Review: ‘The Vampire Diaries – The Awakening and The Struggle’ by L.J.Smith

After thoroughly revelling in the success of the CW series, ‘The Vampire Diaries’, I decided it might be worthwhile checking out where it all began:  L.J.Smith’s novels about the school ice queen, Elena Gilbert. And while it was definitely worth investigating, this is definitely vampire-fantasy-cheesiness at its best.

Both the dialogue and the characters are rooted in stock traditions: the tortured brooding soul (Stefan Salvatore), the gorgeously evil demon (Damon Salvatore), the fierce yet beautiful and loveable heroine (Elena Gilbert) and the loyal, compassionate  yet slightly less brave friends (Meredith and Bonnie). Each are used to motivate a compelling story: Elena is torn between two brothers, each representative of good and evil, lightness and dark. The rivalry and Elena’s torn loyalty are the truly fascinating elements of the plot: her division between these two worlds is the motivating factor amidst the often clumsily constructed sentences and typical high school dramas. The construction of Elena and the Salvatore brothers is done particularly well: whilst the brothers become representations, Elena’s struggle between the two potential paths is what stops these from being stereotypical battles. ‘The Struggle’ in particular shows this with Elena’s reluctance to tell Stefan about her encounters with Damon, seemingly to protect him, whilst masking the desire she feels herself compelled to hide for the darker brother. Indeed, the ending of ‘The Struggle’ highlights the ambivalency in Elena’s newly-awakened self heading to protect one of the Salvatore’s, with the hint being that her choice may not be the obvious one.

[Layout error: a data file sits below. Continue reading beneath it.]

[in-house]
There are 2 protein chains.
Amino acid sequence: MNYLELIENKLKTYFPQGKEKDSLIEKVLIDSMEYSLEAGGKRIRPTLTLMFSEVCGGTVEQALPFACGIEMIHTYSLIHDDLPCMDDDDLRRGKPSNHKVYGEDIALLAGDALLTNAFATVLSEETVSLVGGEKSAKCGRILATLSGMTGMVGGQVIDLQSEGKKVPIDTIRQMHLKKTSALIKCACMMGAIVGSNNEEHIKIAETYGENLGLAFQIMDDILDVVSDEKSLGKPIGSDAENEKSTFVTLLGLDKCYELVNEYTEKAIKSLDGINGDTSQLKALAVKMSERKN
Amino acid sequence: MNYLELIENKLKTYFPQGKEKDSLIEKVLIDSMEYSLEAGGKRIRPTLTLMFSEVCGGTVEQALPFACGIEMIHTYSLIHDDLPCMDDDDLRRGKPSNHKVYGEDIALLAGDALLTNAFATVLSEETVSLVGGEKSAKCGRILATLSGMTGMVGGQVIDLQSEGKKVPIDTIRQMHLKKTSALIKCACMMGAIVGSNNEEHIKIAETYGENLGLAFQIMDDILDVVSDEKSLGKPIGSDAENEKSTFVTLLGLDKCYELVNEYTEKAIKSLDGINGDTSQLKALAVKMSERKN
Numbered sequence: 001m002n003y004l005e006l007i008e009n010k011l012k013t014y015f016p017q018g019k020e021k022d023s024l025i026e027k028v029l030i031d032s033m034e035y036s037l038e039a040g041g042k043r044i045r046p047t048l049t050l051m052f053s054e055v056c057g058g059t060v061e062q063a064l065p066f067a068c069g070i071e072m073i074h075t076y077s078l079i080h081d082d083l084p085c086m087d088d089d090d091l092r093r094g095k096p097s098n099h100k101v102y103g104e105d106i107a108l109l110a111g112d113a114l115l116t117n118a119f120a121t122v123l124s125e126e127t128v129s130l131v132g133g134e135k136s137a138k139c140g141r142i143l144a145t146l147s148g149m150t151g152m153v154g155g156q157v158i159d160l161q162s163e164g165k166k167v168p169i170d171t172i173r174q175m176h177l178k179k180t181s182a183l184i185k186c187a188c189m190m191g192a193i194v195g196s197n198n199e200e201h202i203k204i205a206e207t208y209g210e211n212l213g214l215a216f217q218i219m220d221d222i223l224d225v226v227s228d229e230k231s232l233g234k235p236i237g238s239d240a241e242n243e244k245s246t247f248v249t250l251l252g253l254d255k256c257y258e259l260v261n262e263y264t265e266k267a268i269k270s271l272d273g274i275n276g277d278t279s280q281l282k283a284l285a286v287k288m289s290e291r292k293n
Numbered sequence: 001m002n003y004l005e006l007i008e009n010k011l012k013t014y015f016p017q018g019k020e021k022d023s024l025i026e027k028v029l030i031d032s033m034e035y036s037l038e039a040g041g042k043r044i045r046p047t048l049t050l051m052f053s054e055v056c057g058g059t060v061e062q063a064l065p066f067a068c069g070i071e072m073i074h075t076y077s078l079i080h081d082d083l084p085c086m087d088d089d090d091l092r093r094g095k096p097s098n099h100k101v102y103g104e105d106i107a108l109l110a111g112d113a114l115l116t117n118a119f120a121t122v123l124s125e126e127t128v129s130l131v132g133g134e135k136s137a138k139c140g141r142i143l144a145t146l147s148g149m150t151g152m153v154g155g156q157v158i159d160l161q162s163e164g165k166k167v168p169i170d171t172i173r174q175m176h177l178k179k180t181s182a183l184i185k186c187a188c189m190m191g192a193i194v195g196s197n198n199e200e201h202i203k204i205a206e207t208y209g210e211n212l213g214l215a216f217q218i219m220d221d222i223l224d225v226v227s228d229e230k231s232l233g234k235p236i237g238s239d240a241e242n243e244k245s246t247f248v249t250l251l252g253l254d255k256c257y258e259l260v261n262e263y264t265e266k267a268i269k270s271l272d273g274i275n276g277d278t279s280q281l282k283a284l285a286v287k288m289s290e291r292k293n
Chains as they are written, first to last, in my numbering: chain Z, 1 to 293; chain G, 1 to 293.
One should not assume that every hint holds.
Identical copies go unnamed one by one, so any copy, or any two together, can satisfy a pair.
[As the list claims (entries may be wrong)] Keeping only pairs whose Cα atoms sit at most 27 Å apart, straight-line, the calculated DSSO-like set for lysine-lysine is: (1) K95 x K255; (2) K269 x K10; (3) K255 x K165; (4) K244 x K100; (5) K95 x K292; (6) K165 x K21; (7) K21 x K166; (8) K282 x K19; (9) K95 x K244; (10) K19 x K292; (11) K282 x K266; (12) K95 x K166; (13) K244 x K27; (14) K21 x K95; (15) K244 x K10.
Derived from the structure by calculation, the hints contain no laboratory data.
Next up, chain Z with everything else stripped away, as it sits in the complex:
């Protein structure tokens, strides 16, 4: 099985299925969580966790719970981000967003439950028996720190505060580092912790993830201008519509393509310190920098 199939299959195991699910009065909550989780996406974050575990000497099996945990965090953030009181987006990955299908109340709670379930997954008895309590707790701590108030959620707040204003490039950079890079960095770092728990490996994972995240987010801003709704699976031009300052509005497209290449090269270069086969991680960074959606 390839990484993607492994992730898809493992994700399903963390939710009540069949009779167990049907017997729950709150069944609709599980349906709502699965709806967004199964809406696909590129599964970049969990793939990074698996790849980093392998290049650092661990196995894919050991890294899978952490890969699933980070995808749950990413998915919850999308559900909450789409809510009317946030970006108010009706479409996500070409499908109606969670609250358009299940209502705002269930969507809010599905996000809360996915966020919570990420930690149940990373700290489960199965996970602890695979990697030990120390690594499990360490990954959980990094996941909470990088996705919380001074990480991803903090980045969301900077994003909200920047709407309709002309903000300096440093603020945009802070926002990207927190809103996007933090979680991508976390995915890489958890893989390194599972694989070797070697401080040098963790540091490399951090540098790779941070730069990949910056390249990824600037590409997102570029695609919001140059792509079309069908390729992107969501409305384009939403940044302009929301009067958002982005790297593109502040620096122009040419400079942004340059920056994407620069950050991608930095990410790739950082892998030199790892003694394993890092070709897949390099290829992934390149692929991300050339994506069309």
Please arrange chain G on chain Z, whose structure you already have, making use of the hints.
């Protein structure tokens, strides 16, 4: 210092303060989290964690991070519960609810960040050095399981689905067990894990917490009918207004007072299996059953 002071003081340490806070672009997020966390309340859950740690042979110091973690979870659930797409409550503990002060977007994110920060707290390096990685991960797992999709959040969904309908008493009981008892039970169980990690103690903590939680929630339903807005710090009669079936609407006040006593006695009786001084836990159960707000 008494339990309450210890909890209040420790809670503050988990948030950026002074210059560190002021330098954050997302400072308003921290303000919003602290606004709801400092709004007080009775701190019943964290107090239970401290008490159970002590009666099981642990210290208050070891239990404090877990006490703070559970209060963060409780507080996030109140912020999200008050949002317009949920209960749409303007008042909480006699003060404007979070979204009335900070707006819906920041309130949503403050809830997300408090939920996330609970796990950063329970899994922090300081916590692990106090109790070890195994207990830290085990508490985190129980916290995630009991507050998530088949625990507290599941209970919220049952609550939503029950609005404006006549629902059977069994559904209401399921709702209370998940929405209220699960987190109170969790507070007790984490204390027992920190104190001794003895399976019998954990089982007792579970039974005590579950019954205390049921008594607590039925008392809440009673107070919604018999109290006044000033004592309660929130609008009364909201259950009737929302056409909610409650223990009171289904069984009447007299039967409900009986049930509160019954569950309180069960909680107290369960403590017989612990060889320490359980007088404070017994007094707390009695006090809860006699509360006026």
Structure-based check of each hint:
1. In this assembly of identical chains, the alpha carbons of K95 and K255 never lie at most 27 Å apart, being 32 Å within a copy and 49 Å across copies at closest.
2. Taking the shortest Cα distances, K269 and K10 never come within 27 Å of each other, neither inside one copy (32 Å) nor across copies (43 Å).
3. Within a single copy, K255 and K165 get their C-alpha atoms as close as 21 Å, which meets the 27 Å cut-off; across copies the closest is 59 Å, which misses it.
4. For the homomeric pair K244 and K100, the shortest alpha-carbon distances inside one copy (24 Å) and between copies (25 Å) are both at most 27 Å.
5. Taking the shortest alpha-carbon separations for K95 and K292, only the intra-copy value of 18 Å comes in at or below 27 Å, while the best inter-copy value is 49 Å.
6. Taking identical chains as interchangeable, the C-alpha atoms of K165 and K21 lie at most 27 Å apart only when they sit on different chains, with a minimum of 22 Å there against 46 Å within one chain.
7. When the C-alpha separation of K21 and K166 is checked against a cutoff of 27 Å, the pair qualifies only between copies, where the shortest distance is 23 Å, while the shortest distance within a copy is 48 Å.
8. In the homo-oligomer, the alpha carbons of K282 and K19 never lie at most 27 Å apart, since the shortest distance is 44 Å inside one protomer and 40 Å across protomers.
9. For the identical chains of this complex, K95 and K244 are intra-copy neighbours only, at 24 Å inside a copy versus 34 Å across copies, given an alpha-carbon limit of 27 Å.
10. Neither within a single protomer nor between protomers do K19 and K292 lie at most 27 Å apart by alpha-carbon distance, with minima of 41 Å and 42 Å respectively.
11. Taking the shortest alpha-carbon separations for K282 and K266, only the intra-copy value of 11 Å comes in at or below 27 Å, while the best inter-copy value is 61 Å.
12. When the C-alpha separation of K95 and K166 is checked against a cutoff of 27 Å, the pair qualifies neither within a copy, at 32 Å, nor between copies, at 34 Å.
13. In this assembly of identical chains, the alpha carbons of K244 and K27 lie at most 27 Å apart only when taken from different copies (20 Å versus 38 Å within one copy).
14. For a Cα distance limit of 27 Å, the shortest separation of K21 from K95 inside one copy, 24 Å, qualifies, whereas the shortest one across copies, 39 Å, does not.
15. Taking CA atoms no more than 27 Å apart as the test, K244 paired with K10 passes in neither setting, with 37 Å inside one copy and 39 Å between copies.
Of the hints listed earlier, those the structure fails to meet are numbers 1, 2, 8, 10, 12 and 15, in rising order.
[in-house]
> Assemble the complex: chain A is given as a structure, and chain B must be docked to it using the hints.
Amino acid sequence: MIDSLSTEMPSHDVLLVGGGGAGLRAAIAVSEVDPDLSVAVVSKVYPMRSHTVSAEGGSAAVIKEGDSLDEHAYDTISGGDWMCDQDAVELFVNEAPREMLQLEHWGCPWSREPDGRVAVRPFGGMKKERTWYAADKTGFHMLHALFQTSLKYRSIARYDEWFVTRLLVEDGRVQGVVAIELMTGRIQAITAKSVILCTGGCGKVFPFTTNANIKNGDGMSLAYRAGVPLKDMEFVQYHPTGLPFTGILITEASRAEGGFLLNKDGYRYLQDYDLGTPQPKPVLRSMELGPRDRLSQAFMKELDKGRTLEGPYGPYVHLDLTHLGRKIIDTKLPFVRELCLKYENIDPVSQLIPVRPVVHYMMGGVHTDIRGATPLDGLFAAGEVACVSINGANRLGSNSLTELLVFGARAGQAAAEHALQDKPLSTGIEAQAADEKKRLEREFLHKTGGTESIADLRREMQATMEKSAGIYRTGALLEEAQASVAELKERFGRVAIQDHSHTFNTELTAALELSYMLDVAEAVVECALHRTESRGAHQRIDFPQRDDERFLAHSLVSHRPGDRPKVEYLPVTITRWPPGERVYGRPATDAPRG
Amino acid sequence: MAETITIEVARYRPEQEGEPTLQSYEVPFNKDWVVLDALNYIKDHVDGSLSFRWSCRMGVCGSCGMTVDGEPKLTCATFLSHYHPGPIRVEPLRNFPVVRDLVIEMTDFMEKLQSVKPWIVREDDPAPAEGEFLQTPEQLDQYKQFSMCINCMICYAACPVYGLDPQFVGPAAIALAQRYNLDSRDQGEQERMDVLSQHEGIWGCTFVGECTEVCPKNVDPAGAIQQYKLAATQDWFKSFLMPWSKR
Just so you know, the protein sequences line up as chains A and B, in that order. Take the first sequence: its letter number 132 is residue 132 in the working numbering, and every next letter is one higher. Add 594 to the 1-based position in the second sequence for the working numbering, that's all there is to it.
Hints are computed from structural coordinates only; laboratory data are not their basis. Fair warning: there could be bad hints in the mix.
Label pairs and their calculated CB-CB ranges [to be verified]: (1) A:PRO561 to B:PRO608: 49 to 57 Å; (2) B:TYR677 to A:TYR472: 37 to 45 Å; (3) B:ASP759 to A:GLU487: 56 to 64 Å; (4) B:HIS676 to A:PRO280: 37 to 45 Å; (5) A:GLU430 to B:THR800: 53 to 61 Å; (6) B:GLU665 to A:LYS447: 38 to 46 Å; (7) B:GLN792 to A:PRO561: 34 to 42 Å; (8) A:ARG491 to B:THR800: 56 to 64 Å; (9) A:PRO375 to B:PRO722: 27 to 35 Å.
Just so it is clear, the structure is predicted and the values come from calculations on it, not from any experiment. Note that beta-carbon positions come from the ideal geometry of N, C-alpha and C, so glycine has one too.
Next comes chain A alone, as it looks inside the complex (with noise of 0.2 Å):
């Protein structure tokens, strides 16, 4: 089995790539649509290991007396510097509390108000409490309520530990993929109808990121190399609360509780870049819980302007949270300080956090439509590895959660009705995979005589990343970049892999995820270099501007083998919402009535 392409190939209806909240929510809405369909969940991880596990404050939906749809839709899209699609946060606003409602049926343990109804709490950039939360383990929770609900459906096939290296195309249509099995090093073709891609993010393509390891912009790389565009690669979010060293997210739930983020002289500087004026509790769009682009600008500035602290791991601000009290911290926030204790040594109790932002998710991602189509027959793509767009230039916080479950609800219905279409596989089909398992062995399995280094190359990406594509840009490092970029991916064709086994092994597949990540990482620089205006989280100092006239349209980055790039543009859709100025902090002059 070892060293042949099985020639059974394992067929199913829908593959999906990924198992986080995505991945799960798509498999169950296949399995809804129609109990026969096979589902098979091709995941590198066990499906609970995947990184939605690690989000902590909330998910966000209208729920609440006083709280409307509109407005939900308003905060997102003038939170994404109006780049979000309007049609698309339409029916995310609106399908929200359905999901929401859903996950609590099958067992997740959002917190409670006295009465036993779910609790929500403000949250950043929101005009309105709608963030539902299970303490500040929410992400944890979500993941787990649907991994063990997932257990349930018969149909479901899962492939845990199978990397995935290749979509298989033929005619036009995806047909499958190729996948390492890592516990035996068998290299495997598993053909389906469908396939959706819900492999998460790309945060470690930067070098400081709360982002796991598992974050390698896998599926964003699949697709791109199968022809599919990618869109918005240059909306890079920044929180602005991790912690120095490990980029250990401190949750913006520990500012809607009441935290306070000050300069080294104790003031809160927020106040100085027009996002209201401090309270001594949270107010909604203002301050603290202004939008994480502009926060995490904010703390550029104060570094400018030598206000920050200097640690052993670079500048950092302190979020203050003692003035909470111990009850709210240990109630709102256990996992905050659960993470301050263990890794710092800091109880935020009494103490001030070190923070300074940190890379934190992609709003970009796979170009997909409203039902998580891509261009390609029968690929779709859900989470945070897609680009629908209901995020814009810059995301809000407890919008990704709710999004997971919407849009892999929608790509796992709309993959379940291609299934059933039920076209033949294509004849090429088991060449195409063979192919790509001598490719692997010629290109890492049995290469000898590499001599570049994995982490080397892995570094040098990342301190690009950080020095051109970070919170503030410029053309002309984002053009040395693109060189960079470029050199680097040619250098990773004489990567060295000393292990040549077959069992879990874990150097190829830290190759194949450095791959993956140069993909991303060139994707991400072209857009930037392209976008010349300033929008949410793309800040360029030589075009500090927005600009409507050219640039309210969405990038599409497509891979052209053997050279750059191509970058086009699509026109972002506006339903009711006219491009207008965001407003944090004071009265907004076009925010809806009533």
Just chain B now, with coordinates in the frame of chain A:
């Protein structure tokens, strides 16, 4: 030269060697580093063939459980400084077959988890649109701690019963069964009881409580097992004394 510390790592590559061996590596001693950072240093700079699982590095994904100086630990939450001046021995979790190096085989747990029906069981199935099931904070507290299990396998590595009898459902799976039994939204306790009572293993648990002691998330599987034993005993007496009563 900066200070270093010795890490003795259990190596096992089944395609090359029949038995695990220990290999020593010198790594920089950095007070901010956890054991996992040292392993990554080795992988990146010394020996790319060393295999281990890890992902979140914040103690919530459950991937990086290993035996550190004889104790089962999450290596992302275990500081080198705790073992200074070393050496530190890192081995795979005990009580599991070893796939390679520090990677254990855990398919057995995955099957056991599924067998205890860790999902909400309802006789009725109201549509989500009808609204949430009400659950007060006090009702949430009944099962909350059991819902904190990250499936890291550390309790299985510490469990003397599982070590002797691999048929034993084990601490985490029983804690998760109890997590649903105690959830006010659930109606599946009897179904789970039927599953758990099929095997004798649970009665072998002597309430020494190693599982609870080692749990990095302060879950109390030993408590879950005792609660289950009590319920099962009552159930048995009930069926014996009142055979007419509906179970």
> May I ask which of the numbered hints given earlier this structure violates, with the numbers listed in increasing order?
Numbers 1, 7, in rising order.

The problem I’ve faced reading these books is that I’m predisposed to judgments about the characters: Katherine’s innocence was hard to swallow, the passing reference to Klaus in ‘The Awakening’ and Alaric Saltzman’s semi-presence have caused me to be conflicted between what I think their role should be and what they actually are. Obviously, this is my own problem, and when taken for themselves, ‘The Awakening’ and ‘The Struggle’ become increasingly gripping, so much so that I’d definitely consider buying the next in the series to find out what happens to this Elena next.


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